Cursor-based Aggregate Operations

Besides batch retrieval with cs.fetch() function, a cursor also allows data grouping and aggregation performed directly on it.

Single-cursor grouping and aggregation

The commonest group and aggregate operations are counting and summation. In addition, there are other operations like finding maximum and minimum values and top-n data items. The cs.groups() function is used for a cursor-based data summarization, and various aggregate operations are carried out with count/sum/max/min/top/avg/iterate/icount/median functions. For example:

 

A

1

=file("Order_Wines.txt")

2

=file("Order_Electronics.txt")

3

=file("Order_Foods.txt")

4

=file("Order_Books.txt")

5

=[A1:A4].(~.cursor@t())

6

=A5.mergex(Date)

7

=A6.groups(Type;count(~):OrderCount,max(Amount):MaxAmount,sum(round(decimal(Amount),2)):Total)

A7 summarizes data by product and calculates the total number of orders, the maximum transaction amount, and the total amount for each product. One thing to note is that the precision of the double-precision data is usually not enough. The decimal() function should thus be used to convert it to the big decimal type. In cursor-based group and aggregate operations, all records in the cursor will be traversed once. During the one traversal, a group operation involving each record and an aggregate of records in each group will be performed, and multiple types of aggregates can be handled.  The cursor will automatically close once the traversal is completed.

Here’s A7’ result:

As can be seen from the result, there’re 50,000 records of orders for each product in the testing text data. Data of every file and the data of A6’s cursor are sorted by Date, but not sorted by Type. In both the original text files and A6’s cursor, data is ordered by Date but not by Type. But according to the use of the cs.groups() function in the example, it groups and aggregates data in a cursor without requiring the data to be ordered by the grouping value; it automatically sorts the result of grouping and aggregation by the grouping value instead. In addition, since cs.groups() returns a table sequence, the result set must not exceed the memory size when it groups and aggregates cursor data; it is not suitable for the cases where the result sets hold big data.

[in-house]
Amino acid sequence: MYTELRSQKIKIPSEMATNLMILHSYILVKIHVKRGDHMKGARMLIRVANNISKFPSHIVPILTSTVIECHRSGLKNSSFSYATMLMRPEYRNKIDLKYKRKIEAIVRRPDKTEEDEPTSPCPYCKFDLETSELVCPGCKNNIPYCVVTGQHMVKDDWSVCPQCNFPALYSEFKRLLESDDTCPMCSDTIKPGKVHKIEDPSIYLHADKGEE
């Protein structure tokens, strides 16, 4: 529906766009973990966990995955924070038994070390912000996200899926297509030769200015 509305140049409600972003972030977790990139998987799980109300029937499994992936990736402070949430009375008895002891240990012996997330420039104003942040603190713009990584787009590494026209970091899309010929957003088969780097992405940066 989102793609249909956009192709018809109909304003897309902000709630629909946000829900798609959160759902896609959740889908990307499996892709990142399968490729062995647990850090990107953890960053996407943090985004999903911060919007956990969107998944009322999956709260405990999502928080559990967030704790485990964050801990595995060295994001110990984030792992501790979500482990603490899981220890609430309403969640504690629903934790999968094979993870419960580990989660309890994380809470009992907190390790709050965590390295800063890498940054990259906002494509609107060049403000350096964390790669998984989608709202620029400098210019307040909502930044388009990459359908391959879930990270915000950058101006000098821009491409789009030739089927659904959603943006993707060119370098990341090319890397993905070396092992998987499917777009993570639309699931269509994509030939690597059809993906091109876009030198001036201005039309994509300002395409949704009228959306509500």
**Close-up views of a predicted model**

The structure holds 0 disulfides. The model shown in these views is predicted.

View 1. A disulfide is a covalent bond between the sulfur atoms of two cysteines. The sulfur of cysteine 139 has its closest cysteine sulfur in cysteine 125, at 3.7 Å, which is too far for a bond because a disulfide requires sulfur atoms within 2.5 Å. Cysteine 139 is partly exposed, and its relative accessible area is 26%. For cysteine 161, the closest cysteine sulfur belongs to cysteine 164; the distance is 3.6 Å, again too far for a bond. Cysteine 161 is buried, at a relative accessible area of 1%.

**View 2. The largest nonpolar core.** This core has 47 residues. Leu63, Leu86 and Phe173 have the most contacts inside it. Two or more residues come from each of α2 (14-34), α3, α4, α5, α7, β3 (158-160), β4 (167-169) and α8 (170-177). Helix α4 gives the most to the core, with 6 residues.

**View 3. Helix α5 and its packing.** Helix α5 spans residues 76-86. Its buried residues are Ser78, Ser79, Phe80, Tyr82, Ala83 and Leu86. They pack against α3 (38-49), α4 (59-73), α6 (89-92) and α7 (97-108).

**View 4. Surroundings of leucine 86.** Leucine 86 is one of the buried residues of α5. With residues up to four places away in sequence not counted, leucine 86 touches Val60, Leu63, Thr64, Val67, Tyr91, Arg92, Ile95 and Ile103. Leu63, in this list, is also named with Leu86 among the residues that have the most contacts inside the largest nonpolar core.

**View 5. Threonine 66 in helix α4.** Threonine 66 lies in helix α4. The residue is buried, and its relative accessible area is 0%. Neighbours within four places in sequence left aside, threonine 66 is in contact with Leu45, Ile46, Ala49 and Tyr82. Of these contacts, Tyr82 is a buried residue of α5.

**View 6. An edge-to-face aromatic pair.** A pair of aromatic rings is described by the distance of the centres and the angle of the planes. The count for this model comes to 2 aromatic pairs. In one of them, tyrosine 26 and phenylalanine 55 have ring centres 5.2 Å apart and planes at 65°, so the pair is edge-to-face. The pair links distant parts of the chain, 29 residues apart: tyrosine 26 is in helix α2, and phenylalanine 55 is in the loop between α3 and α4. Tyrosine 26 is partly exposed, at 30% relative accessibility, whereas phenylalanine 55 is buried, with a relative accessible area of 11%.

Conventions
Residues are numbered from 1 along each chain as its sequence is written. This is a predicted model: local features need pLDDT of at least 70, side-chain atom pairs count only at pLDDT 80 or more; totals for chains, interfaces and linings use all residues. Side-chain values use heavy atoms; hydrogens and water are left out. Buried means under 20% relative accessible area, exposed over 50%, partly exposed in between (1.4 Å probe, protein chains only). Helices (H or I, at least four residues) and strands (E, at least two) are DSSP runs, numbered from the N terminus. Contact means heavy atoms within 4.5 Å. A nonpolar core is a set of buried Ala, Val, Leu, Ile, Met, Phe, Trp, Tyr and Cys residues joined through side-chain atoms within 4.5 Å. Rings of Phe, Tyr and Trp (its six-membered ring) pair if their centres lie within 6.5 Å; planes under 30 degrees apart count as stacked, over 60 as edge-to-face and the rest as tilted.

Finding top n is also one of the aggregate operations. To do that, use the aggregate function top:

 

A

1

=file("Order_Wines.txt")

2

=file("Order_Electronics.txt")

3

=file("Order_Foods.txt")

4

=file("Order_Books.txt")

5

=[A1:A4].(~.cursor@t())

6

=A5.mergex(Date)

7

=A6.groups(Type;top(3,Amount):MinAmount,top(3,-Amount):MaxAmount)

A7finds the bottom 3 order amounts with the minimum total and the top 3 order amounts with the maximum total based on the orders of each kind of product. Notice that a negative sign is added to the aggregate function when finding the top 3 order amounts, that is, top(3,-Amount). Here’s the result:

To aggregate all records, simply omit the grouping expression from cs.groups function:

 

A

1

=file("Order_Wines.txt")

2

=file("Order_Electronics.txt")

3

=file("Order_Foods.txt")

4

=file("Order_Books.txt")

5

=[A1:A4].(~.cursor@t())

6

=A5.mergex(Date)

7

=A6.groups(;count(~):Count,sum(round(decimal(Amount),2)):TotalAmount)

Now A7’s result is as follows:

The aggregate of all records can be regarded as a special grouping and aggregate operation.

Multi-cursor aggregation

When handling aggregate operations over multiple cursors, you can first compute the aggregate result for each cursor:

 

A

1

=file("Order_Wines.txt")

2

=file("Order_Electronics.txt")

3

=file("Order_Foods.txt")

4

=file("Order_Books.txt")

5

=[A1:A4].(~.cursor@t())

6

=A5.(~.groups(Date;count(~):Count,sum(round(decimal(Amount),2)):TotalAmount))

A6 groups and aggregates each file cursor separately to compute the daily aggregate value for each kind of product:

Because the cs.groups() function will sort cursor data by grouping value when performing grouping and aggregation, the resulting table sequence of aggregating each kind of product is always ordered by Date no matter what order in which the original data is arranged. Thus the result can be further merged to compute the daily aggregate value for all products:

 

A

1

=file("Order_Wines.txt")

2

=file("Order_Electronics.txt")

3

=file("Order_Foods.txt")

4

=file("Order_Books.txt")

5

=[A1:A4].(~.cursor@t())

6

=A5.(~.groups(Date;count(~):Count,sum(round(decimal(Amount),2)):TotalAmount))

7

=A6.merge(Date)

8

=A7.groups(Date;sum(Count):Count,sum(round(decimal(TotalAmount),2)):TotalAmount)

Here’s A8’s aggregate result:

Since the data of each kind of product in every file has been sorted by Date, cursors can be first merged and then aggregated:

 

A

1

=file("Order_Wines.txt")

2

=file("Order_Electronics.txt")

3

=file("Order_Foods.txt")

4

=file("Order_Books.txt")

5

=[A1:A4].(~.cursor@t())